3. Nitrogen fixers (diazotrophs) are often an important nitrogen source to phytoplankton nutrient budgets in N-limited marine environments. Diazotrophic symbioses between cyanobacteria and diatoms can dominate nitrogen-fixation regionally, particularly in major river plumes and in open ocean mesoscale blooms. This study reports the successful isolation and growth in monocultures of multiple strains of a diatom-cyanobacteria symbiosis from the Gulf of Mexico using a modified artificial seawater medium. We document the influence of light and nutrients on nitrogen fixation and growth rates of the host diatom Hemiaulus hauckii Grunow together with its diazotrophic endosymbiont Richelia intracellularis Schmidt, as well as less complete results on the Hemiaulus membranaceus - R. intracellularis symbiosis. The symbioses rates reported here are for the joint diatom-cyanobacteria unit. Symbiont diazotrophy was sufficient to support both the host diatom and cyanobacteria symbionts, and the entire symbiosis replicated and grew without added nitrogen. Maximum growth rates of multiple strains of H. hauckii symbioses in N-free medium with N 2 as the sole N source were 0.74–0.93 div d −1 . Growth rates followed light saturation kinetics in H. hauckii symbioses with a growth compensation light intensity (E C ) of 7–16 µmol m −2 s −1 and saturation light level (E K ) of 84–110 µmol m −2 s −1 . Nitrogen fixation rates by the symbiont while within the host followed a diel pattern where rates increased from near-zero in the scotophase to a maximum 4–6 h into the photophase. At the onset of the scotophase, nitrogen-fixation rates declined over several hours to near-zero values. Nitrogen fixation also exhibited light saturation kinetics. Maximum N 2 fixation rates (84 fmol N 2 heterocyst −1 h −1 ) in low light adapted cultures (50 µmol m −2 s − 1) were approximately 40–50% of rates (144–154 fmol N 2 heterocyst −1 h −1 ) in high light (150 and 200 µmol m −2 s −1 ) adapted cultures. Maximum laboratory N 2 fixation rates were ~6 to 8-fold higher than literature-derived field rates of the H. hauckii symbiosis. In contrast to published results on the Rhizosolenia-Richelia symbiosis, the H. hauckii symbiosis did not use nitrate when added, although ammonium was consumed by the H. hauckii symbiosis. Symbiont-free host cell cultures could not be established; however, a symbiont-free H. hauckii strain was isolated directly from the field and grown on a nitrate-based medium that would not support DDA growth. Our observations together with literature reports raise the possibility that the asymbiotic H. hauckii are lines distinct from an obligately symbiotic H. hauckii line. While brief descriptions of successful culture isolation have been published, this report provides the first detailed description of the approaches, handling, and methodologies used for successful culture of this marine symbiosis. These techniques should permit a more widespread laboratory availability of these important marine symbioses.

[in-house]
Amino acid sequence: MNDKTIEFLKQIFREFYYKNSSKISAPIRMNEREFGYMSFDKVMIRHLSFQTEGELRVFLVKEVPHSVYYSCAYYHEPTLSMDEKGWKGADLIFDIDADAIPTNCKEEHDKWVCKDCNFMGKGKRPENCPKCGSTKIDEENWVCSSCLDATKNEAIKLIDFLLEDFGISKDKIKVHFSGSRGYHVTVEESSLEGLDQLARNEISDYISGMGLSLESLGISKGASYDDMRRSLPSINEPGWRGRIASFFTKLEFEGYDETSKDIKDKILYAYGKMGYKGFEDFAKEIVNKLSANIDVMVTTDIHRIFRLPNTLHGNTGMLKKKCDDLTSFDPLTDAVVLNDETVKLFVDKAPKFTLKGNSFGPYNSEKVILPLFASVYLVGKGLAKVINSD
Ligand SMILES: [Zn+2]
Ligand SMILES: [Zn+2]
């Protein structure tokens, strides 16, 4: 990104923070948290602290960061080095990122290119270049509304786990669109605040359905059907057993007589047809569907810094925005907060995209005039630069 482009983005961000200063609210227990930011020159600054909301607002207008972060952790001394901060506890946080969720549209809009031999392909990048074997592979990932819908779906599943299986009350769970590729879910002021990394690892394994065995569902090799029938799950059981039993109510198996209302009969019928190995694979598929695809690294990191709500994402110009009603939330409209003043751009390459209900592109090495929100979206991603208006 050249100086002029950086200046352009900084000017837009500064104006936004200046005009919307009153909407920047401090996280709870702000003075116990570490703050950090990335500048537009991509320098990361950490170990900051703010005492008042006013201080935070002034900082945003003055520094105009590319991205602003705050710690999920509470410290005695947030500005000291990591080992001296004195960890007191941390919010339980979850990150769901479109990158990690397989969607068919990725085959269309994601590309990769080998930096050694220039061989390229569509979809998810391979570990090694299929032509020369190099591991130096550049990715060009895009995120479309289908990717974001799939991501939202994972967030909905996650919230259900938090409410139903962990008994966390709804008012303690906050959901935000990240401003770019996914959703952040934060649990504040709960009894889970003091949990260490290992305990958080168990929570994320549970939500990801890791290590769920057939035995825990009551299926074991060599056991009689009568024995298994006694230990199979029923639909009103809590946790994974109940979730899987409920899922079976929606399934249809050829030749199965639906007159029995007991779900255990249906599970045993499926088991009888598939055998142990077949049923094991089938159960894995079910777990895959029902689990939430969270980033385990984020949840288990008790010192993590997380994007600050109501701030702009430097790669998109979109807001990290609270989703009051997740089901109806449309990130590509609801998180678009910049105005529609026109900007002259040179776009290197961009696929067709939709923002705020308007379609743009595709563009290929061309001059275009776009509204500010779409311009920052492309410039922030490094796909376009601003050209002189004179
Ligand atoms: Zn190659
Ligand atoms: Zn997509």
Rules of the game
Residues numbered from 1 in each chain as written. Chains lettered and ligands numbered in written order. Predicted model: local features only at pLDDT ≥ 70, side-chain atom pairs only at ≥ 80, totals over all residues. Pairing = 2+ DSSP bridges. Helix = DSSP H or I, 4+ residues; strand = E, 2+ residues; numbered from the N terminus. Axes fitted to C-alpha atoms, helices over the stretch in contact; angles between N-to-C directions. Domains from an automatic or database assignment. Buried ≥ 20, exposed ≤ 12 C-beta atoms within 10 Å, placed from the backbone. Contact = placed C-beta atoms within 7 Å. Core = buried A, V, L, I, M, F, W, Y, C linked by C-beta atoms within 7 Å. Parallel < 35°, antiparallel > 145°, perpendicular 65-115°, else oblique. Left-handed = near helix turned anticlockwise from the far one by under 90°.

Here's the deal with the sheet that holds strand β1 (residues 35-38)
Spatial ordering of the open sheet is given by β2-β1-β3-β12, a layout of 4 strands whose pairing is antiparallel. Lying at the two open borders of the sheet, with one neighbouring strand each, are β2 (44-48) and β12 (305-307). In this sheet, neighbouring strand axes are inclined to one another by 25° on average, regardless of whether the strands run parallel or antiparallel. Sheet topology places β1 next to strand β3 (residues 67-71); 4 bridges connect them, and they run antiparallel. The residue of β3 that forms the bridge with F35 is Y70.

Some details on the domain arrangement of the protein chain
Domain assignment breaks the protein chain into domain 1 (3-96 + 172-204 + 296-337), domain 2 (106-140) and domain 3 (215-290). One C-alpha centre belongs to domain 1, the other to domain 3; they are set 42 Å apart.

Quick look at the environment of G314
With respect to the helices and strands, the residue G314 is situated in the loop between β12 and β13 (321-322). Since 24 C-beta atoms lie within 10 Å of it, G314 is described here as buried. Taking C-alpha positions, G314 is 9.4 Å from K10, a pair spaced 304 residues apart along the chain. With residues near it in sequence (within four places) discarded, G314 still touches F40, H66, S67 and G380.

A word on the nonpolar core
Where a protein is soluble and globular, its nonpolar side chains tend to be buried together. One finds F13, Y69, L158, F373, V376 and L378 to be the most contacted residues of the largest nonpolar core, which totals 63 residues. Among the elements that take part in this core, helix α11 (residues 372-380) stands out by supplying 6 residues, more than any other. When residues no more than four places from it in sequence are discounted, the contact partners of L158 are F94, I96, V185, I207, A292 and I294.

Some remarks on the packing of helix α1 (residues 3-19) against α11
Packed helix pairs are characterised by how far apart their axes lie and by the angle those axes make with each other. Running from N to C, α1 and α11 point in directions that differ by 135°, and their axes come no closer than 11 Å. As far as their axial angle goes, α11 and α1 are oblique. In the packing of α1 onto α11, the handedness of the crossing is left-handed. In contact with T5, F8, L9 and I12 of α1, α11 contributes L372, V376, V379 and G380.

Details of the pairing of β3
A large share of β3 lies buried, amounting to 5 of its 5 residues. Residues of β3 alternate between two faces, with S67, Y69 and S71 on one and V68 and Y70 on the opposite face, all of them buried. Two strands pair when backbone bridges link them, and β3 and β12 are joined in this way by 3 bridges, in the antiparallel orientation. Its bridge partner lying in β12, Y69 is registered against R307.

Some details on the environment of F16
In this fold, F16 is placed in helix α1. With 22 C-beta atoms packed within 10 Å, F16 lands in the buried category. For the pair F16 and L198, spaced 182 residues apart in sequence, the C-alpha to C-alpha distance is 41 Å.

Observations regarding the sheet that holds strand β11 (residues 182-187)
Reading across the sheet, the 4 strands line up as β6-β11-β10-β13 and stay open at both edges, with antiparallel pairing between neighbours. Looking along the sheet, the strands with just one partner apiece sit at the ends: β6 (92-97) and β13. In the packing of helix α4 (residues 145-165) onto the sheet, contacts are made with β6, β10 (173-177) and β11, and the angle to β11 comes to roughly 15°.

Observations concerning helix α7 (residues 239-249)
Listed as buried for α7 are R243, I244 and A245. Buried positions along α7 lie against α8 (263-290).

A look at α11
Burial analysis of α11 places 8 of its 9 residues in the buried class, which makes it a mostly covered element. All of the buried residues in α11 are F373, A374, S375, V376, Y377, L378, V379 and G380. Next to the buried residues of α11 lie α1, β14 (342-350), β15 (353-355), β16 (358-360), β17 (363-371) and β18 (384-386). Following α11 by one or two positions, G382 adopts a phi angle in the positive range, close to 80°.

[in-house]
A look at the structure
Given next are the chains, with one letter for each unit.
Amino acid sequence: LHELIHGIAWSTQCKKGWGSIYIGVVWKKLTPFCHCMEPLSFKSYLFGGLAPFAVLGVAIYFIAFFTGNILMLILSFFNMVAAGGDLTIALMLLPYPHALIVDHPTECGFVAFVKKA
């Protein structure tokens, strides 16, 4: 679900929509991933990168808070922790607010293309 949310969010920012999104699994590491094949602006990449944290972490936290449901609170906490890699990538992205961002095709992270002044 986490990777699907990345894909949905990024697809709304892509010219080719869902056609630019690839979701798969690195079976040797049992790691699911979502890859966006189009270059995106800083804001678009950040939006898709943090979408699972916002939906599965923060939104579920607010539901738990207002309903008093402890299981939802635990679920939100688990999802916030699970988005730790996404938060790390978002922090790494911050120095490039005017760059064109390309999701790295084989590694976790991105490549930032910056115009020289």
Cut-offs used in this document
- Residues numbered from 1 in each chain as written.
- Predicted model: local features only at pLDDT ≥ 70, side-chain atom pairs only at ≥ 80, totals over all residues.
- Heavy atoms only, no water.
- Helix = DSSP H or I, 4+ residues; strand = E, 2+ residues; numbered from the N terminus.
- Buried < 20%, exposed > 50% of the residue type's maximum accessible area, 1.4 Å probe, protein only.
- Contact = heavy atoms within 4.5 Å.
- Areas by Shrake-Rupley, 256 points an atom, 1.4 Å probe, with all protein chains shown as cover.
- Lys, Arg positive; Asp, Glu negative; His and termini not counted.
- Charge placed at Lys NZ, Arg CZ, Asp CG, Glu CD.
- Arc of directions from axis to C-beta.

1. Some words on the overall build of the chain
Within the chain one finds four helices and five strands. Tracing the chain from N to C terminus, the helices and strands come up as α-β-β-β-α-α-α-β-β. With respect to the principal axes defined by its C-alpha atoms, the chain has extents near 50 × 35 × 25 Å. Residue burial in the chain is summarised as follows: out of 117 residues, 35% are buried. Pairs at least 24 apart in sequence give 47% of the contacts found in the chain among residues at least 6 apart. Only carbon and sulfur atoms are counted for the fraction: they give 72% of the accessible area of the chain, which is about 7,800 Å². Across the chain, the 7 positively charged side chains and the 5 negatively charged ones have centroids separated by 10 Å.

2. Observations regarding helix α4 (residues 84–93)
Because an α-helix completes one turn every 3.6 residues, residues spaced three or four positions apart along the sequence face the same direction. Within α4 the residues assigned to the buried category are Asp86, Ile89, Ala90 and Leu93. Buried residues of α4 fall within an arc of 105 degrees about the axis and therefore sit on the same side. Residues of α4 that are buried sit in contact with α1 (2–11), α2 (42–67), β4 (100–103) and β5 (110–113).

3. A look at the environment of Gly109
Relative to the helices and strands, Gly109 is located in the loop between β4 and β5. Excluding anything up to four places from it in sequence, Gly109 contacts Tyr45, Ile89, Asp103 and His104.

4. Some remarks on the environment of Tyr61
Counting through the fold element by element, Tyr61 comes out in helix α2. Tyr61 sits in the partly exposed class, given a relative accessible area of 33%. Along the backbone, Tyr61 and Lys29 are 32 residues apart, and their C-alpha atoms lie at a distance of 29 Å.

more » « less